We took a few of our ice pieces out on the porch to look at them in the sunlight. The watercolors really helped to highlight where the ice was melting! We oohed and ahed for a while. They were beautiful.

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From the bottom of the shallower ice pieces, you could see a whole bunch of tiny bubbles of color where the mixed salt and watercolors were pooled as they slowly ate away and melted the ice. We thought that was SO cool!!

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After our break to admire the ice in the sunlight, we brought them back in and turned each over. We wanted to see what it would be like if we melted tunnels and ravines through both sides of the ice. So we added more salt (yes, there was some salt dumping action this time—mostly on Daphne’s part), let it melt awhile, and then added liquid watercolors.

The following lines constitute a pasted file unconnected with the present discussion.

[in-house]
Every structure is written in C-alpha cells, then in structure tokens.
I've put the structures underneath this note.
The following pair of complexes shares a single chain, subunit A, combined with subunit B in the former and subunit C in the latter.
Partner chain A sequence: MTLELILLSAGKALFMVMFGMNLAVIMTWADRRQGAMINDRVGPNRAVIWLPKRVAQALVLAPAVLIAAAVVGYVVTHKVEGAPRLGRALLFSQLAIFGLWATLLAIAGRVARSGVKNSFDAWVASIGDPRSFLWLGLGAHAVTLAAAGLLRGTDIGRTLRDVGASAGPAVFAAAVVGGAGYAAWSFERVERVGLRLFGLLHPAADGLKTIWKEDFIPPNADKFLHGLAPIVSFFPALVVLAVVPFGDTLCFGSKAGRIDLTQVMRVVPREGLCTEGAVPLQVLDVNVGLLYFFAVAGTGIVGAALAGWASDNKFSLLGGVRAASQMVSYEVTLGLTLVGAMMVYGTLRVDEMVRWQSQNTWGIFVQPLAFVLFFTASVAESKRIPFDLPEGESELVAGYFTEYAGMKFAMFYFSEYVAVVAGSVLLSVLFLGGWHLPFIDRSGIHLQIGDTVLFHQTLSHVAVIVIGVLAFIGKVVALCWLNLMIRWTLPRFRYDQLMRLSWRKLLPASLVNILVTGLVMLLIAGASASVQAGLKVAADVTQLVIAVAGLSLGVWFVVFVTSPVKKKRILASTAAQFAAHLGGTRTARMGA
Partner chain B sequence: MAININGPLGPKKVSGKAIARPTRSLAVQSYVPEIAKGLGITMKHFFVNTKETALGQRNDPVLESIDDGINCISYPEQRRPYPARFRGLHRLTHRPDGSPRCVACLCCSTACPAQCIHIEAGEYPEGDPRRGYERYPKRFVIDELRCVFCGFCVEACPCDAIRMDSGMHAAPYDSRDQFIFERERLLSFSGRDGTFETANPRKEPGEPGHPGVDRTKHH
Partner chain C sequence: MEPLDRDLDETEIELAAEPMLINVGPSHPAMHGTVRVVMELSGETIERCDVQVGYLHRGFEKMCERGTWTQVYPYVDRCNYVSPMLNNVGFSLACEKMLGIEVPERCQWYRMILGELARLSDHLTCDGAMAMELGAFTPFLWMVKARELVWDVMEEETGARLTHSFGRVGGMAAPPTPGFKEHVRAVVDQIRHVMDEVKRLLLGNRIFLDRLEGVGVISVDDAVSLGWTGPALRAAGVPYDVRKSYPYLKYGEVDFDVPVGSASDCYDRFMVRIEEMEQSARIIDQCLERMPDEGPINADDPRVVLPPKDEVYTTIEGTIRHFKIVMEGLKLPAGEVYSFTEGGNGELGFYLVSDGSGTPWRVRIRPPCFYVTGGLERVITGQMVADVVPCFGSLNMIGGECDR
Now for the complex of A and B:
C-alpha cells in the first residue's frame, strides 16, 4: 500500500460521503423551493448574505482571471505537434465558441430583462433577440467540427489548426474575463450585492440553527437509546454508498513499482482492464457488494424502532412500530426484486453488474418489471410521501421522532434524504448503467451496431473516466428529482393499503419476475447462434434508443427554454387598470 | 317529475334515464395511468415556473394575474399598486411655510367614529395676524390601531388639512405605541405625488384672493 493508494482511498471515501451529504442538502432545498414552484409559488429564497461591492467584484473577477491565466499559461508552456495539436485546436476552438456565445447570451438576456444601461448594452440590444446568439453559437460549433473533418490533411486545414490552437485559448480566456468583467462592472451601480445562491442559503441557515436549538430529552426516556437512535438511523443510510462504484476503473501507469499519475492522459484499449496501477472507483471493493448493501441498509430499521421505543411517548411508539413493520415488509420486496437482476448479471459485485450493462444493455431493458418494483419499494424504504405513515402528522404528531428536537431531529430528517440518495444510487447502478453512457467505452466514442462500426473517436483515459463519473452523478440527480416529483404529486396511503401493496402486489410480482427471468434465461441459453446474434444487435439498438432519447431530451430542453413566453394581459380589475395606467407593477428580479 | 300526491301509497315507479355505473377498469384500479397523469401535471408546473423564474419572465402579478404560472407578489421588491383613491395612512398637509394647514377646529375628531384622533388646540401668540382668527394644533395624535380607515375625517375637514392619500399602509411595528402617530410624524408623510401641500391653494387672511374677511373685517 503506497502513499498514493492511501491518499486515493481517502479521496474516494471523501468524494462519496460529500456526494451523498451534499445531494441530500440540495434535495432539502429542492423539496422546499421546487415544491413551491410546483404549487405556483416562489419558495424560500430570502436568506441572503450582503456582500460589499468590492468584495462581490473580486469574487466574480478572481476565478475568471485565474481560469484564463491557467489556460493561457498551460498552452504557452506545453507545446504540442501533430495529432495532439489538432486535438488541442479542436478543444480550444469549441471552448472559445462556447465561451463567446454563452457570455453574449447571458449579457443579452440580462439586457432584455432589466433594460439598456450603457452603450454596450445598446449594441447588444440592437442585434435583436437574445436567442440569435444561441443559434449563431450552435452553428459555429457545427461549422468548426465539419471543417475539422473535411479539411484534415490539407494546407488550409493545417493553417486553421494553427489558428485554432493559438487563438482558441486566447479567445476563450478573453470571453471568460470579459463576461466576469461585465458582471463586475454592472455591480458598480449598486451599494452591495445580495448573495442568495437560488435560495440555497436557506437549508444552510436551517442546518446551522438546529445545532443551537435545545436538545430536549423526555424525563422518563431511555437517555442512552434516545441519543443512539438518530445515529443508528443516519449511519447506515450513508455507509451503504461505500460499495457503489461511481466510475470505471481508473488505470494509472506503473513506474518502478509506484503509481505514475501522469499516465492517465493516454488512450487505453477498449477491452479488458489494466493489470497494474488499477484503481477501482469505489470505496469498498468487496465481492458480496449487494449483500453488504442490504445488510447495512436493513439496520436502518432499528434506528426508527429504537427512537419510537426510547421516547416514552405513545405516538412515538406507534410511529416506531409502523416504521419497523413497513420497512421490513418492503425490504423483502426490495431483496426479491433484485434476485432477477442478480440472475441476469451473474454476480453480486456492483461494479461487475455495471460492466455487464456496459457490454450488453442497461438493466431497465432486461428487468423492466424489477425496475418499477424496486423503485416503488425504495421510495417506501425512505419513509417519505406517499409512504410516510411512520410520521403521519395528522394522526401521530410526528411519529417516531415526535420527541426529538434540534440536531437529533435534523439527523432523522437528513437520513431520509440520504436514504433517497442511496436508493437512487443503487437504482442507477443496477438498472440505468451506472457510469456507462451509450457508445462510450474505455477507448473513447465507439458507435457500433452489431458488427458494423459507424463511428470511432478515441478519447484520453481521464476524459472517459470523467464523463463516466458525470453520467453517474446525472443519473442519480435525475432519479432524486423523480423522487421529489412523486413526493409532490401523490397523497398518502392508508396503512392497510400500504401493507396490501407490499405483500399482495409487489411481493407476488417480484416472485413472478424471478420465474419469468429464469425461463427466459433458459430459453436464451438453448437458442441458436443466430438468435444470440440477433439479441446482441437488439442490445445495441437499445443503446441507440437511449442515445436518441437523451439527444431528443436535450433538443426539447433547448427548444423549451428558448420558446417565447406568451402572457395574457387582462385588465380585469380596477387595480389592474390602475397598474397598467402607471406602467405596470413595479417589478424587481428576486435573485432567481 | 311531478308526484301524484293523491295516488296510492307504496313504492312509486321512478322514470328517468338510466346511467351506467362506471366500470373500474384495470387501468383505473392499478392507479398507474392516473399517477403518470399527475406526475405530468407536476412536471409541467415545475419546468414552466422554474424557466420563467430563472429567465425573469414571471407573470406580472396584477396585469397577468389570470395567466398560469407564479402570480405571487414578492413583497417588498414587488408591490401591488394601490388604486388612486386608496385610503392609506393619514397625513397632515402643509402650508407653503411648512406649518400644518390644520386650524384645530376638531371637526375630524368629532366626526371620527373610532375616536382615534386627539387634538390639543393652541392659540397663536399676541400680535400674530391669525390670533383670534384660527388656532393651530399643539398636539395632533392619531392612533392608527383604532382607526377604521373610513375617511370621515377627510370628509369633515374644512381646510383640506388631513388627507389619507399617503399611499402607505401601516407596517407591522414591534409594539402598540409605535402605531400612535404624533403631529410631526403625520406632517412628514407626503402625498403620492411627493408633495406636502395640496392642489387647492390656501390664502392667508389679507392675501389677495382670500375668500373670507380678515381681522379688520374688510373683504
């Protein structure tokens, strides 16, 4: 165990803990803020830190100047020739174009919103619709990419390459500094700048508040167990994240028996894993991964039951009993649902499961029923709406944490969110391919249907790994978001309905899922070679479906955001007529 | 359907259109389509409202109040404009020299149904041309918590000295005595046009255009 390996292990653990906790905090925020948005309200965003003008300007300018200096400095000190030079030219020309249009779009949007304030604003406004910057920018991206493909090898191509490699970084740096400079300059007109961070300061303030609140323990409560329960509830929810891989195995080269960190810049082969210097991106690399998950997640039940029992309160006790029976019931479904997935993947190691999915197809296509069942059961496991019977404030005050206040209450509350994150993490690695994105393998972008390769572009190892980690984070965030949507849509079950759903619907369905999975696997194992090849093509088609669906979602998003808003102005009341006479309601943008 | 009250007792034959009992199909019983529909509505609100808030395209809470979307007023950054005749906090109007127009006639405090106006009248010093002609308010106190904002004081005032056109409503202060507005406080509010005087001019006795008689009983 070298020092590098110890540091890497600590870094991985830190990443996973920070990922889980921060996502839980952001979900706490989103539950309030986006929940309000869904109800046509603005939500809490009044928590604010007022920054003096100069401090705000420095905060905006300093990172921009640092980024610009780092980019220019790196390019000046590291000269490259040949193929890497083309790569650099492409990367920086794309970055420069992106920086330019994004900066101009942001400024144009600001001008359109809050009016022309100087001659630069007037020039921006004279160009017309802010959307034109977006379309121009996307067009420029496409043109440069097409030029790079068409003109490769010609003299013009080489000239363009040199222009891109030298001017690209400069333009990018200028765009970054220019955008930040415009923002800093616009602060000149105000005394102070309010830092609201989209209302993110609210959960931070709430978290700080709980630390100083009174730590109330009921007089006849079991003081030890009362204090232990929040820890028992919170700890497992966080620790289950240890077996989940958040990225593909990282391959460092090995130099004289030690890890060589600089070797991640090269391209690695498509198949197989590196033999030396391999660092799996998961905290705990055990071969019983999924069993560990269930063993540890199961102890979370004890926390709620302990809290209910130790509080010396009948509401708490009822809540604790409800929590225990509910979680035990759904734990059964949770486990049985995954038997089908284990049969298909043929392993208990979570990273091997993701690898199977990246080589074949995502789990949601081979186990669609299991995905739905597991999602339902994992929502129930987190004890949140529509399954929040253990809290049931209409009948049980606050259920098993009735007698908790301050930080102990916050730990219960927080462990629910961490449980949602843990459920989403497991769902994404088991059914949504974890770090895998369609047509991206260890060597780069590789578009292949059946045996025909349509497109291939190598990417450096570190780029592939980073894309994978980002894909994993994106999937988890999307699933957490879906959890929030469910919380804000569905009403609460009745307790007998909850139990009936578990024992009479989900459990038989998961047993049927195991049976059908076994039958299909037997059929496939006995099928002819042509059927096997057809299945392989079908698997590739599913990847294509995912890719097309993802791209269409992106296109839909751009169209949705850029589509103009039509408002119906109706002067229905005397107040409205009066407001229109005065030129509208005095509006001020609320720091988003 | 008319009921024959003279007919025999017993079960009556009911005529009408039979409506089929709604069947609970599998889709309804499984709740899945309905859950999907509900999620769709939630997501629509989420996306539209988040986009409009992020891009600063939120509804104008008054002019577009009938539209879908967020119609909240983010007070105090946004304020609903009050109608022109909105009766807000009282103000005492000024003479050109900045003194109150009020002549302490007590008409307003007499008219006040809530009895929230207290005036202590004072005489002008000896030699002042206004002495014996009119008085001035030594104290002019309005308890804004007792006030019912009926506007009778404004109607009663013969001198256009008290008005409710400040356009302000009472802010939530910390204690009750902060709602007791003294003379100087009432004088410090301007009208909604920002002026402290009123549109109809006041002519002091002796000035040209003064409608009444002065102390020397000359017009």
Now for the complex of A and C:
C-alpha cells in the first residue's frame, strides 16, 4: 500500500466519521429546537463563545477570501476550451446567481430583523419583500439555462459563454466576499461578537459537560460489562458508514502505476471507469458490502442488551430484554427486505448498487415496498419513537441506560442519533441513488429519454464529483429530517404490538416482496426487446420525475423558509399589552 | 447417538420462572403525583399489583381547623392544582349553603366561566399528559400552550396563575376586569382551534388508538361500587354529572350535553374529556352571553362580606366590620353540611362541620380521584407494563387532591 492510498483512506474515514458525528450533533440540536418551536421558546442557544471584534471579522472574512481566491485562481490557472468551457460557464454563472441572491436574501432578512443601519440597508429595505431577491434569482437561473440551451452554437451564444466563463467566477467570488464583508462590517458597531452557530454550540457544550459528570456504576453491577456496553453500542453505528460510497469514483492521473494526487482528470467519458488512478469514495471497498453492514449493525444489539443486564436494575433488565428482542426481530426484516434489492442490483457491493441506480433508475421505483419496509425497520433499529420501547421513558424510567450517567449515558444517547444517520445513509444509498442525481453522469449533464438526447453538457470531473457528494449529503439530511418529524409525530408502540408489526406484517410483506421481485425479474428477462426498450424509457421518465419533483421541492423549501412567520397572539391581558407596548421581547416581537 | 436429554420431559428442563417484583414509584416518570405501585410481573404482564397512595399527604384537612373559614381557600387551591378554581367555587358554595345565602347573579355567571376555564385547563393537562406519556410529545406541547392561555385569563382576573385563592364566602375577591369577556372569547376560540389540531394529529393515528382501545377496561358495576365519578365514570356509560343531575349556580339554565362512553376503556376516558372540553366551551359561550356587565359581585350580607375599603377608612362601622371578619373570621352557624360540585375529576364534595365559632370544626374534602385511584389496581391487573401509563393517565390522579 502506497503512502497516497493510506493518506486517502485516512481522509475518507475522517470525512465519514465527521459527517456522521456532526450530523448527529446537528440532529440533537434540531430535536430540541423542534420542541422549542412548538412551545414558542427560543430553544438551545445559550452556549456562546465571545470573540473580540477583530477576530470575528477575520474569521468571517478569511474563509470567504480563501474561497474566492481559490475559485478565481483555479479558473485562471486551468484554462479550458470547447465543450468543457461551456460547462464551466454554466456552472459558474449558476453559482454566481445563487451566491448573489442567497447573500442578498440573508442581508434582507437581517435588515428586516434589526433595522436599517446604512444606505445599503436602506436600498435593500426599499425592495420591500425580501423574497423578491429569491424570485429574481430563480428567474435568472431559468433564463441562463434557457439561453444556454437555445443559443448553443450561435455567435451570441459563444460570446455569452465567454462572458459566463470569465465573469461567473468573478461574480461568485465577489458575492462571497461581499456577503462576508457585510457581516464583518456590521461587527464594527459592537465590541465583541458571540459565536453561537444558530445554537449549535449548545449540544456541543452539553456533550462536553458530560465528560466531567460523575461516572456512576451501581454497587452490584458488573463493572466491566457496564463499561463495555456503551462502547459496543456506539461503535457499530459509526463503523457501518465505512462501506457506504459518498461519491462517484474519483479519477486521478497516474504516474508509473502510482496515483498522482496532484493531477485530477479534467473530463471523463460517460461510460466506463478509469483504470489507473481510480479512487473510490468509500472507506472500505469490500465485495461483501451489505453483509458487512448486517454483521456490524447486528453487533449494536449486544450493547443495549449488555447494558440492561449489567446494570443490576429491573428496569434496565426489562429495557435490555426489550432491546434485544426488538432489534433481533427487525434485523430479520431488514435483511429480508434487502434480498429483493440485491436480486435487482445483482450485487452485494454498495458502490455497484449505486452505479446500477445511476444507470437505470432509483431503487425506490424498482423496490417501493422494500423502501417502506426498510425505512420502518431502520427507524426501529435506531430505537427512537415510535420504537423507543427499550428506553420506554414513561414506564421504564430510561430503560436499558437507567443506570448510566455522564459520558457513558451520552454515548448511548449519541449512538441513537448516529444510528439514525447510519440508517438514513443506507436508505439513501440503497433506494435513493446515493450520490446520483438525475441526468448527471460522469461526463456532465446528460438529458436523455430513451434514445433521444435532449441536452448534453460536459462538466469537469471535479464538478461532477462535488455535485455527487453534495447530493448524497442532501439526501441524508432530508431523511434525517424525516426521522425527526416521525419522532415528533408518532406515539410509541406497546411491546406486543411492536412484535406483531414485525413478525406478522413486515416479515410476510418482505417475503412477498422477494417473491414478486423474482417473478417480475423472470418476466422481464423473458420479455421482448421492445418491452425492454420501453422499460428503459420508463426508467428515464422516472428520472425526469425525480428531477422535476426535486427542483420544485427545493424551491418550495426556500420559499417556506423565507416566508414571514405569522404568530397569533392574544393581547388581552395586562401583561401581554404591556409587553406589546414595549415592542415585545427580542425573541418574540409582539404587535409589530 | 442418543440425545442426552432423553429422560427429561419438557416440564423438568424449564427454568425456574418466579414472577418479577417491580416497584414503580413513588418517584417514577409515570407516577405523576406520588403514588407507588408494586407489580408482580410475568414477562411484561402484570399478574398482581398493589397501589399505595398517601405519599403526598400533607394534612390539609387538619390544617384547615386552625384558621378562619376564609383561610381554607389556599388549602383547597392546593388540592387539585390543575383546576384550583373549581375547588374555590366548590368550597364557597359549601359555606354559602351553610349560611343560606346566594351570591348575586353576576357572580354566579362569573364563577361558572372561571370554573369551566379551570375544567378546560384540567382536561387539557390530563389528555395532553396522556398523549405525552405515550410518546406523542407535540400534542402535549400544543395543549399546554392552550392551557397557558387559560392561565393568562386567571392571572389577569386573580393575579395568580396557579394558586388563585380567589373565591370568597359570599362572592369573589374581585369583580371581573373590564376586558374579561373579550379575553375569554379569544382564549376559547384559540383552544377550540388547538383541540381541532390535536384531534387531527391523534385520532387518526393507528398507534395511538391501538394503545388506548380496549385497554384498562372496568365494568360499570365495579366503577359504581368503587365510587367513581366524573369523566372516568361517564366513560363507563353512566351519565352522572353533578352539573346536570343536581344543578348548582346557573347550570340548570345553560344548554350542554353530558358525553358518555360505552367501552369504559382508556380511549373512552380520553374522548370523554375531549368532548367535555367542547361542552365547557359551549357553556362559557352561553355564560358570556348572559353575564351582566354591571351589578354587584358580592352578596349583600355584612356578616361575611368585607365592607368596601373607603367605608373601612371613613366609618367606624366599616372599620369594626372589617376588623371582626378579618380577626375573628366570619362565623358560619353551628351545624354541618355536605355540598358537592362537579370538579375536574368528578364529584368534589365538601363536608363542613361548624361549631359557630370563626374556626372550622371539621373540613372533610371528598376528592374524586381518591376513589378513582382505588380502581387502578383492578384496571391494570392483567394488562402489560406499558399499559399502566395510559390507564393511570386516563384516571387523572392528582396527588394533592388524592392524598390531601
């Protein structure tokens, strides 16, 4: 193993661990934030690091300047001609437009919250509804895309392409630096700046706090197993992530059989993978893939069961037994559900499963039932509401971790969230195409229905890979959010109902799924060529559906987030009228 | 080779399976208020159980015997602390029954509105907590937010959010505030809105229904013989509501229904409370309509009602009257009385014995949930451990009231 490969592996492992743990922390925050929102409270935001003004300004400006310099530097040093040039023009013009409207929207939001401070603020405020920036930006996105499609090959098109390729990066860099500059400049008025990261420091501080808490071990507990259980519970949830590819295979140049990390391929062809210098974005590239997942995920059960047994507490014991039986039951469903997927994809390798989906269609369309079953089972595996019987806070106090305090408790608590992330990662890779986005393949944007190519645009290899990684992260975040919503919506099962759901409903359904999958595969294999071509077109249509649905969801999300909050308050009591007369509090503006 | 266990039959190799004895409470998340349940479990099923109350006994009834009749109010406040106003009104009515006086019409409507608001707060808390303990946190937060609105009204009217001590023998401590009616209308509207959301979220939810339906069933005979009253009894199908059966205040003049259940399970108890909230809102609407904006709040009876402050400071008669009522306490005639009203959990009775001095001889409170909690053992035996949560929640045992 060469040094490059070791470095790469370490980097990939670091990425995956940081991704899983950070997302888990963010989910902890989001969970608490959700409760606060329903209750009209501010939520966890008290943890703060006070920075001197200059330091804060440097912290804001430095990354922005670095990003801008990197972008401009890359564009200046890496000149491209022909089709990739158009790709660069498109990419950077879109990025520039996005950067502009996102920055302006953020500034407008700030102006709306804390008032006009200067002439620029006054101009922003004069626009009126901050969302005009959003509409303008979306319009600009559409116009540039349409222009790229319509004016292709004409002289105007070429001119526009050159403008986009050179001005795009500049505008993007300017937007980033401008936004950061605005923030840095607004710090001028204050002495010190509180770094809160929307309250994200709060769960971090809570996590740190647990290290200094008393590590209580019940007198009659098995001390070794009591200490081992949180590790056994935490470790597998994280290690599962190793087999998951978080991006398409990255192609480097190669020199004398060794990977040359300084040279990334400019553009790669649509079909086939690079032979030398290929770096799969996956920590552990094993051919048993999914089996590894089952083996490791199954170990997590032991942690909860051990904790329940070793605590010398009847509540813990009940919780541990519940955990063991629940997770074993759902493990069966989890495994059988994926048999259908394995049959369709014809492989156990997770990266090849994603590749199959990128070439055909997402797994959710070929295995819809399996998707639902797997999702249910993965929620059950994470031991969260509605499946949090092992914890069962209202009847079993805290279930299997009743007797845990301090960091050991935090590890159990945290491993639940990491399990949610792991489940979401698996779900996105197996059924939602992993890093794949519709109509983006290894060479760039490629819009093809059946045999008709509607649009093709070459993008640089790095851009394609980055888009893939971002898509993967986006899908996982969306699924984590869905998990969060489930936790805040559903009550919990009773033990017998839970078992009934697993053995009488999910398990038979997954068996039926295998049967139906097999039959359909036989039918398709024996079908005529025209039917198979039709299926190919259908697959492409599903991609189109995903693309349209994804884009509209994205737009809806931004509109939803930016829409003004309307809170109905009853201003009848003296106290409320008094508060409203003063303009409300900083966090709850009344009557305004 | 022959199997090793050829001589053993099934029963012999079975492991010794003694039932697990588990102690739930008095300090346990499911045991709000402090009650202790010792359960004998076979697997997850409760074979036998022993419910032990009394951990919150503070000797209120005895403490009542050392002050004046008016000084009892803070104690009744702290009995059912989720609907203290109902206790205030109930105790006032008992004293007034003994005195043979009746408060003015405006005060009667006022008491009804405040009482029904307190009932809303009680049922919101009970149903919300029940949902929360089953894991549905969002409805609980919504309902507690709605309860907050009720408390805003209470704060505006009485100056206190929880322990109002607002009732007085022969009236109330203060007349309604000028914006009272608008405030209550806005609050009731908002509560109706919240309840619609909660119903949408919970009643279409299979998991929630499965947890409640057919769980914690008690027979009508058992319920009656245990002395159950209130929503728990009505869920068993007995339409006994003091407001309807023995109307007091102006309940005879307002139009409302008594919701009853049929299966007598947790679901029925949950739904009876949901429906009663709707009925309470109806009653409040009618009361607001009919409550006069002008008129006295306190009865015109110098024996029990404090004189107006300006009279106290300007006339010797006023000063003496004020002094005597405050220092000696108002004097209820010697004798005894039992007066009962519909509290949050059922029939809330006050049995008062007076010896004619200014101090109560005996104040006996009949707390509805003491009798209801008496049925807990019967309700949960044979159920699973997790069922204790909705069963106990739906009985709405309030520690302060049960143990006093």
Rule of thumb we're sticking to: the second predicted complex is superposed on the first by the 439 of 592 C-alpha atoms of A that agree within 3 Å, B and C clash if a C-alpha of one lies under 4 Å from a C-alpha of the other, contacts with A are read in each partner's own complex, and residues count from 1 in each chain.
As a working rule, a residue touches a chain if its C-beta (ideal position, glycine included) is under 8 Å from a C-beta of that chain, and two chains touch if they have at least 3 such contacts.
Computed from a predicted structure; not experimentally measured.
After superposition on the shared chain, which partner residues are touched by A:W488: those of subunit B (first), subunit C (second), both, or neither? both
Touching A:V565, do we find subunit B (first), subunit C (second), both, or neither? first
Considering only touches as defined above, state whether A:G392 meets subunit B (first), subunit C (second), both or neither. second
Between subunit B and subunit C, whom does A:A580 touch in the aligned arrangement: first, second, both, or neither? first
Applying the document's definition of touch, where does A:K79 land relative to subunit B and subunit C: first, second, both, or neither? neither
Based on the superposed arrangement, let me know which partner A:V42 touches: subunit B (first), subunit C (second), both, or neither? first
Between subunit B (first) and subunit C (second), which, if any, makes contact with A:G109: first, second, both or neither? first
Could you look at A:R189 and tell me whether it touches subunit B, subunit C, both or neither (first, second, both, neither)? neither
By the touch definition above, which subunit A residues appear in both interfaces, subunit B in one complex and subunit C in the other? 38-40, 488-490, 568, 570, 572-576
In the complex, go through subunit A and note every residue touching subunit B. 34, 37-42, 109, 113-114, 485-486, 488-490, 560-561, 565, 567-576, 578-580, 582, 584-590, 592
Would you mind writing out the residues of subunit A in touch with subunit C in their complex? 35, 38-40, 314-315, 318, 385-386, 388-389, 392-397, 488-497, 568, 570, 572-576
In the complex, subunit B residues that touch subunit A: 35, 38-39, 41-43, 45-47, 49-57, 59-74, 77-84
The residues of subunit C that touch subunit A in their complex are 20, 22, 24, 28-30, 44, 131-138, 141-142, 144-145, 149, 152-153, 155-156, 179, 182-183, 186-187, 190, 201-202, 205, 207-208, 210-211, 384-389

Note: Some of the salt (especially where it was dumped) had hardened into a solid mass. We chipped those away before adding the liquid watercolors, because we really wanted to be able to see the ice tunnels.

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Just for variety’s sake, we brought out different colors of the liquid watercolors: red, blue, and gold (the metallic gold paint was pretty amazing!).

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I LOVED seeing how into this science experiment the girls were!